What has Schwencke got to do with Mozart? In this particular case: Everything. Here we have the first recording of his ‘Grand Quintetto’ in Super Audio, which is a straight forward, yet skillful arrangement (and not: ‘based on’, as I read somewhere, although it contains an extra, third trio in the fourth movement, not available in the original) of Mozart’s Serenade No. 10 in b flat major, KV 361/370a, better known by its popular nick name ‘Gran Partita’. Oboist, Vinciane Baudhuin, has done much research into the subject and explains in detail how it was transcribed. Suffice it to mention here that the crux of the matter is the judicious distribution of the scores of the original 13 players into 5 parts, of which the fortepiano takes the prime weight and the oboe many of the principal melodic lines, like the clarinet in the original.
We know Ewald Demeyere as an eminent harpsichordist. In this connection I may refer to his recording Tears (harpsichord laments from the 17th-Century) - Demeyere Challenge Classics CC 72617 (thereby fully endorsing John Miller’s balanced views on this recital) and Haydn: Harpsichord Concertos in F and G - Kuijken, Accent ACC 24188. In this present recording, however, he shows himself to be a competent fortepiano player as well. And for those who wonder about the difference, let me point out that both keyboard instruments distinguish themselves in that the harpsichord plucks the strings, whereas the fortepiano hammers them, having more possibilities to colour the sound, too.
The Quatuor Dialogue is a new ensemble, created in 2010 by Vinciane Baudhuin, pupil of Paul Dombrecht and a valuable member of the present (Flemish) Belgian Baroque scene, with a view to let audiences rediscover the immense repertoire for oboe and string trio written in the second half of the 18th and beginning of the 19th century. Since there are, unfortunately, no bio details of the participating artists, I may furthermore add that the other members are mostly active at the same scene: Annelies Decock, who studied at the Royal Conservatory of Brussels in the class of Sigiswald Kuijken, finishing her Master’s Degree program in early music with the highest result ever awarded for baroque violin; Mika Akiha from Japan, who took lessons from Sigiswald and Sara Kuijken, obtaining her viola diploma in 2006; and Ronan Kernoa, who studied violoncello at the ‘Conservatoire National de la Région de Rouen’, perfecting his play at the same ‘Conservatoire Royale de Bruxelles’ with yet another member of the same family: Wieland kuijken.
The common breeding ground of these players guarantees perfection in their musical team work. They ably set down a convincing, zesty performance that can favourably compete with the original, giving -as such- an honest impression of completeness, albeit with a different sound scape. Of course, the composer and the arranger are for a great deal involved in its success, but the ultimate ‘shining’ rendition is theirs.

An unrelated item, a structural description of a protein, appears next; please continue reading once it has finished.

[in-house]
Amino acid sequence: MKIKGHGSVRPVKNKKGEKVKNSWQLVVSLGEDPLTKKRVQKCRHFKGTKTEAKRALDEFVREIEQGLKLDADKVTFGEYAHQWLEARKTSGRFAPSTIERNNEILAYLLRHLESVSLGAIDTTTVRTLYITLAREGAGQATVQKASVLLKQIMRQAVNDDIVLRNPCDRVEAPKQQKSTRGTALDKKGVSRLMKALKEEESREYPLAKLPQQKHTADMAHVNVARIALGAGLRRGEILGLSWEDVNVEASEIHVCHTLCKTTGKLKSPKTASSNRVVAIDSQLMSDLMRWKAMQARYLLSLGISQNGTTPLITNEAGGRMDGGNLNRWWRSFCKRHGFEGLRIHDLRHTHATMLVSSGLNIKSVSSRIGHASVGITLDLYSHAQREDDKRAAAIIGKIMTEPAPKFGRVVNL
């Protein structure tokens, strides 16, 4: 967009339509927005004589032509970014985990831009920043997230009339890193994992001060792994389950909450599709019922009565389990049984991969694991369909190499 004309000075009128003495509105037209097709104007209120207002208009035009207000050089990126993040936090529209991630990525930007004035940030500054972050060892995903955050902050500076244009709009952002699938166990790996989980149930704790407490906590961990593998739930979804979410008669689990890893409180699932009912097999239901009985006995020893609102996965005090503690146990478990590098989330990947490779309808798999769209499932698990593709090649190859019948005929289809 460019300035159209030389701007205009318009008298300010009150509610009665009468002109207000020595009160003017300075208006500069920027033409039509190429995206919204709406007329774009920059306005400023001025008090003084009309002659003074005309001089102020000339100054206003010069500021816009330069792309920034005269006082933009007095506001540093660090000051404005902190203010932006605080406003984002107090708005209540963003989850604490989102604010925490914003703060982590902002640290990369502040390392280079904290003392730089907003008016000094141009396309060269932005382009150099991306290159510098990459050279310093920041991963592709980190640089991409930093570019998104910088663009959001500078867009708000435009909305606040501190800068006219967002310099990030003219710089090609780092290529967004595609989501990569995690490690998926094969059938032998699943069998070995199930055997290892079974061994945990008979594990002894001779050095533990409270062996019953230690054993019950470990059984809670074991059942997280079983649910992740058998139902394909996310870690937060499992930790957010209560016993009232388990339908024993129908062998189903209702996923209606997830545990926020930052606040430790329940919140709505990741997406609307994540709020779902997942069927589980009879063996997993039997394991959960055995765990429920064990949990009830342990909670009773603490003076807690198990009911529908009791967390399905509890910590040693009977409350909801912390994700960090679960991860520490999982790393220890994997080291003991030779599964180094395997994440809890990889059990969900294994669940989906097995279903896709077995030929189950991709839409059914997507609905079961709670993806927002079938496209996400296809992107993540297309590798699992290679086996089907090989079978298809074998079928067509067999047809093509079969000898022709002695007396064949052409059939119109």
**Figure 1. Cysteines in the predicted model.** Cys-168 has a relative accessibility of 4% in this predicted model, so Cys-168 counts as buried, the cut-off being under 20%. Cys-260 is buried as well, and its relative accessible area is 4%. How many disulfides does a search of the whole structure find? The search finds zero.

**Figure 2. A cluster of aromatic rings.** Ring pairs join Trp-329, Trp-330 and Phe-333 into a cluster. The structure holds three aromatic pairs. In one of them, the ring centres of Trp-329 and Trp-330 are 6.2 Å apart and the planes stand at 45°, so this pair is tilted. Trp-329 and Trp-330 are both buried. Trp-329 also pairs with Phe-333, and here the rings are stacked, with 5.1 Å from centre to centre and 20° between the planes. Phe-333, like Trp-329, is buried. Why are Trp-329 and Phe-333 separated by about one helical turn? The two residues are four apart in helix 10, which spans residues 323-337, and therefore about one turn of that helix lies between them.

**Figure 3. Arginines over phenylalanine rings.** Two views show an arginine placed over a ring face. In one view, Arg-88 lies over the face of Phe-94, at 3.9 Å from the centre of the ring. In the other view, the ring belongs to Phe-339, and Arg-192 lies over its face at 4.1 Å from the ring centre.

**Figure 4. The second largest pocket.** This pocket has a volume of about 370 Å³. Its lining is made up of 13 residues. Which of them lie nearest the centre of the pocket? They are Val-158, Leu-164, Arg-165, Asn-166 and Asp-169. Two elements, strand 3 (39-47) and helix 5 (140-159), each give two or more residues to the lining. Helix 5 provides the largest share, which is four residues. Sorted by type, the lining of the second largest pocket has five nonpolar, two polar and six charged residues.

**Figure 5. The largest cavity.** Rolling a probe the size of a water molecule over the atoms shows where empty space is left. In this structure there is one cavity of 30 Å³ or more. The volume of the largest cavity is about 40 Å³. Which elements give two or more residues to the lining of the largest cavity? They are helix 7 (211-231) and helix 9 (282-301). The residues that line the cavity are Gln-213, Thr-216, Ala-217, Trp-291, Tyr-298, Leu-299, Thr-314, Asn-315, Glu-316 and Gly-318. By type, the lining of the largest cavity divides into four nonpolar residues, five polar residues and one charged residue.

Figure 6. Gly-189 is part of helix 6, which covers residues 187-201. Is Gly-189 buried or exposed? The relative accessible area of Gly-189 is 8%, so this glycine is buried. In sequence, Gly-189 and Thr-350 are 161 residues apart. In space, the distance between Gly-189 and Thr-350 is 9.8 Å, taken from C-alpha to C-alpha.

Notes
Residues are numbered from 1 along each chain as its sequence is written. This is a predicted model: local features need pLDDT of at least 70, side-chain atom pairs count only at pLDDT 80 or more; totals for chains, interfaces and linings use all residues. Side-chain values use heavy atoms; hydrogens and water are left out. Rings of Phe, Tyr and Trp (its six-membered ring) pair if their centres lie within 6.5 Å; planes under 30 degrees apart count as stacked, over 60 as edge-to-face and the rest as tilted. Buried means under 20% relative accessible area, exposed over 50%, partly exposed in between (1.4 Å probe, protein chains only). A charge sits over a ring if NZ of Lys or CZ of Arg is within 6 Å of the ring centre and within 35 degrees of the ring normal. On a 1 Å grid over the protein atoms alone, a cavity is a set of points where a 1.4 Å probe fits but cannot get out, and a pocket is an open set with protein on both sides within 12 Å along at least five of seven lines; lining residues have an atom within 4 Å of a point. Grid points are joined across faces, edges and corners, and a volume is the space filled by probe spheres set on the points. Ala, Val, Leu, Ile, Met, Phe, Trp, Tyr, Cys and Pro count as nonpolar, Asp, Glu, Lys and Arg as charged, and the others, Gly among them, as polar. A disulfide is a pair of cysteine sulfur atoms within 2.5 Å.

Without being given further information, we must assume that all period instruments are copies. In her notes, Vinciane Baudhuin indicates that she plays a classical oboe with a narrower bore than her baroque sister, and with smaller holes, enabling to extend the upper register for a ‘sonority that can in turn be soft, light, clear or pungent’. Its somewhat nasal yet rounded tone is most of the time dominant and clearly distinguishable above the pianoforte and the strings, giving the overall sound a distinctly period character, which, on the whole, seems to be the general approach of the musicians: In Demeyere’s piano playing (most noticeable in the first movement) as well as the almost complete absence of vibrato in the strings. This may be incongruous with an arrangement dating from 1806, but it works out quite nicely.
While the present version does, in my view, not supplant the, due to the inclusion of a contrabass, warmer sounding original; and assuming that most music lovers may still prefer the thirteen players, we have here something that should at any rate be of great interest to those who want to broaden their view on and knowledge of arrangements which can withstand critical scrutiny. And, by the same token, it may well serve smaller chamber groups of variable composition (the oboe part is exchangeable with flute, clarinet and even a further violin) aspiring to venture into worthwhile, alternative repertoire. I would, therefore, wholeheartedly support the objective of the Quatuor Dialogues to complement the nowadays fashionable search for ‘forgotten composers of the past’, by surfacing and rehabilitating equally forgotten authentic and valuable arrangements.
As a bonus Vinciane Baudhuin takes her leave as 'Queen of the Night' in an arrangement for oboe and fortepiano quartet.
The 2015 (live?) recording made in the Academiezaal (Hall of the Academy) of Sint-Truiden (Saint-Trond) under Bert van der Wolf’s supervision by NorthStar Services, is of a quality level that lets nothing escape from the listener’s ear, save the audience noise, if there was any.
The booklet is less complete than could have been wished for in that it omits (apart from any back ground on the participating artists) a translation into another language than the provided English text for the benefit of a not to be neglected number of non-English speaking ‘melomanes’.